1. Avoid US Sectors with strong negative correlations to the dollar. For example, Energy, Materials etc.
Be Careful of the Aging Bull Market

Be Careful of the Aging Bull Market

Theme 2: Follow Central Bank Liquidity

It is expected that the Federal Reserve will begin to increase short-term rates sometime around the middle of this year. But assuming that the US economy continues to expand, employment continues its upward trend, and no major external shocks occur, it is increasingly likely that the Fed will begin to normalize policy by hiking rates later this year.

At the same time that the Fed is beginning to tap the brakes, other major banks are jamming the pedal to the metal in an attempt to lift inflation expectations, asset prices, and growth rates.

Japan is clearly intent on ending its battle with deflation, and the Bank of Japan is buying an unprecedented amount of assets with the goal of achieving higher inflation expectations.

Elsewhere, the European Central Bank (ECB) has its eyes set on price stability. ECB just announced its own quantitative easing program that will involve the purchase of $1.3 trillion of European bonds over the next year and a half. Europe’s banking system is more complicated than that in Japan or the U.S., but the ECB has shown a clear commitment to jumpstarting the Eurozone economy.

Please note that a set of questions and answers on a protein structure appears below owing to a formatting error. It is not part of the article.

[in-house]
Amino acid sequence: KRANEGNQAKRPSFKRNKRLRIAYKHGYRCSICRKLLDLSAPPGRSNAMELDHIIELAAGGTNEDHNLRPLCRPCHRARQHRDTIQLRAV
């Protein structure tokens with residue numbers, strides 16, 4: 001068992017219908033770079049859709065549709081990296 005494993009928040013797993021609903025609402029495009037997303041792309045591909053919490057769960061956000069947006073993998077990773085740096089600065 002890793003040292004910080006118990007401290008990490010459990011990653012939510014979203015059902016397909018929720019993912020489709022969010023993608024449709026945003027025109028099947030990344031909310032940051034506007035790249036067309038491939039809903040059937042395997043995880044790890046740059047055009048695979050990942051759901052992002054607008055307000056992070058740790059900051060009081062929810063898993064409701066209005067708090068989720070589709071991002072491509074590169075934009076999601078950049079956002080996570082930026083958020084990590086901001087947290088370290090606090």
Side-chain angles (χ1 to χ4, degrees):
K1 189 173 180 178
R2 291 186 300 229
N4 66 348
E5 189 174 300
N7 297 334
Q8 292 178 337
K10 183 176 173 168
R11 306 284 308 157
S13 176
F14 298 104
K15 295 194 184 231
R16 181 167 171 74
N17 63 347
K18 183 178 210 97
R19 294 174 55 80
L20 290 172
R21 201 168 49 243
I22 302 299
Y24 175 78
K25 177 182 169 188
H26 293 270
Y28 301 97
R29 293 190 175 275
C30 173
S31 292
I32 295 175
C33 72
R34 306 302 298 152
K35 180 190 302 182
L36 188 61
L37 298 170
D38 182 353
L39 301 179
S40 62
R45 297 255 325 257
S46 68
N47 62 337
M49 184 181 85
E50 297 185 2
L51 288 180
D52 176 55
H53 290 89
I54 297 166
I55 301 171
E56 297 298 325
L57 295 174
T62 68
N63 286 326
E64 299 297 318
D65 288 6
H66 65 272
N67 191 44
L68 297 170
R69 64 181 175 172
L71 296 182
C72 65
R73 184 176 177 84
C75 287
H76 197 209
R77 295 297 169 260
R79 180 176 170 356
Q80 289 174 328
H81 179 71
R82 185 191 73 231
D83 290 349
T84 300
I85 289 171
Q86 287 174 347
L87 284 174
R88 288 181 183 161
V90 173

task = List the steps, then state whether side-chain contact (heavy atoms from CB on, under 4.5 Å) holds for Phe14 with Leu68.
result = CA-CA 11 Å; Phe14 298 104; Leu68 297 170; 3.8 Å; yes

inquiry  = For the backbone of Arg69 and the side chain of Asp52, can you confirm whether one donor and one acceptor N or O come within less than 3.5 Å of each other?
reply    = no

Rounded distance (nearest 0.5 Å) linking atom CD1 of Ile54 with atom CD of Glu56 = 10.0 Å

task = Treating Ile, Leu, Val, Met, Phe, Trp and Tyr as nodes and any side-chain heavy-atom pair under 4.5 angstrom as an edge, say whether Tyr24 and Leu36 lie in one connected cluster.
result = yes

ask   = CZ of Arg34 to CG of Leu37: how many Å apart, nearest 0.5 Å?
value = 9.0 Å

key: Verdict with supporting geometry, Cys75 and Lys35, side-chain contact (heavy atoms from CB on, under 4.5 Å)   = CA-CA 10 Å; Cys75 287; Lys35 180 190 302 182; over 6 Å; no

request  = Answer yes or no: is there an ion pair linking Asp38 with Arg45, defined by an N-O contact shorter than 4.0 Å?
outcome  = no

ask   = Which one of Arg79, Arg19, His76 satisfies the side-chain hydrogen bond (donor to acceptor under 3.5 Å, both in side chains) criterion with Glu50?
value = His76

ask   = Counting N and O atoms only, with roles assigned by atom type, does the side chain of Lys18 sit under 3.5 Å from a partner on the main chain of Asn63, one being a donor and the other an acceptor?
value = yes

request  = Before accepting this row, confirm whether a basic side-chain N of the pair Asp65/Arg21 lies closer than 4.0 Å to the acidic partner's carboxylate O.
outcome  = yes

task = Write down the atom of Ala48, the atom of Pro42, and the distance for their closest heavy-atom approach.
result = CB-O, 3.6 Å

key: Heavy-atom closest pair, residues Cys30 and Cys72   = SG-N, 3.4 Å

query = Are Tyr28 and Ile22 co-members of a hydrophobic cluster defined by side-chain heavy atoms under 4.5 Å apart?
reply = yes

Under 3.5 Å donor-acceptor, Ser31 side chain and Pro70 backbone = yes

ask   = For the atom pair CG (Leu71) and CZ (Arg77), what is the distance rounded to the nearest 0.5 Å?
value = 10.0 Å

Despite very low growth rates and continuing structural challenges, the ECB’s measures are likely to boost asset prices over a cyclical time frame just as they have in other markets with QE programs. So despite sour sentiment towards European assets at the moment, we think Europe also offers an opportunity, mainly due to central bank largesse.

Theme 3: Avoid Value Traps in India (and EMs in general)

India has enjoyed higher growth rates than developed markets for many years, making India a popular choice for investors. But more recently India has started to underperformed, creating the perception that it offers good value. The ground reality has not changed as quickly as expected by the market. Business conditions and loan uptake has been as weak as it was, say, six months back. Earnings haven’t grown as fast as expected. Add to that the unseasonal rain that lashed the country has had a very damaging impact on crops.

A decade ago a solid portfolio was built on the back of the BRICs (short for Brazil, Russia, India, and China). Today however half of that BRIC complex is in recession, with Russia in complete turmoil driven by sanctions, plummeting oil, and a collapsing currency. Brazil is facing an inflationary recession, while China is experiencing a slowdown due to a bumpy transition from an investment-led growth strategy to a more consumption oriented model.

India is no longer the slam dunk that  it was several years ago.

There are still plenty of opportunities for investors, despite an aging market cycle.

In my book, ‘Stock Picking Made Easy’, you will find a simple strategy to identify great companies at reasonable valuations in the Indian Stock Exchange. Identifying great companies at the right time is the key to long term wealth creation.



1 Comment

  1. Kunal on June 12, 2015 at 7:53 am

    On March 23, when I wrote this article, NIFTY closed at 8550. In less than 3 months, NIFTY is now trading below 8000.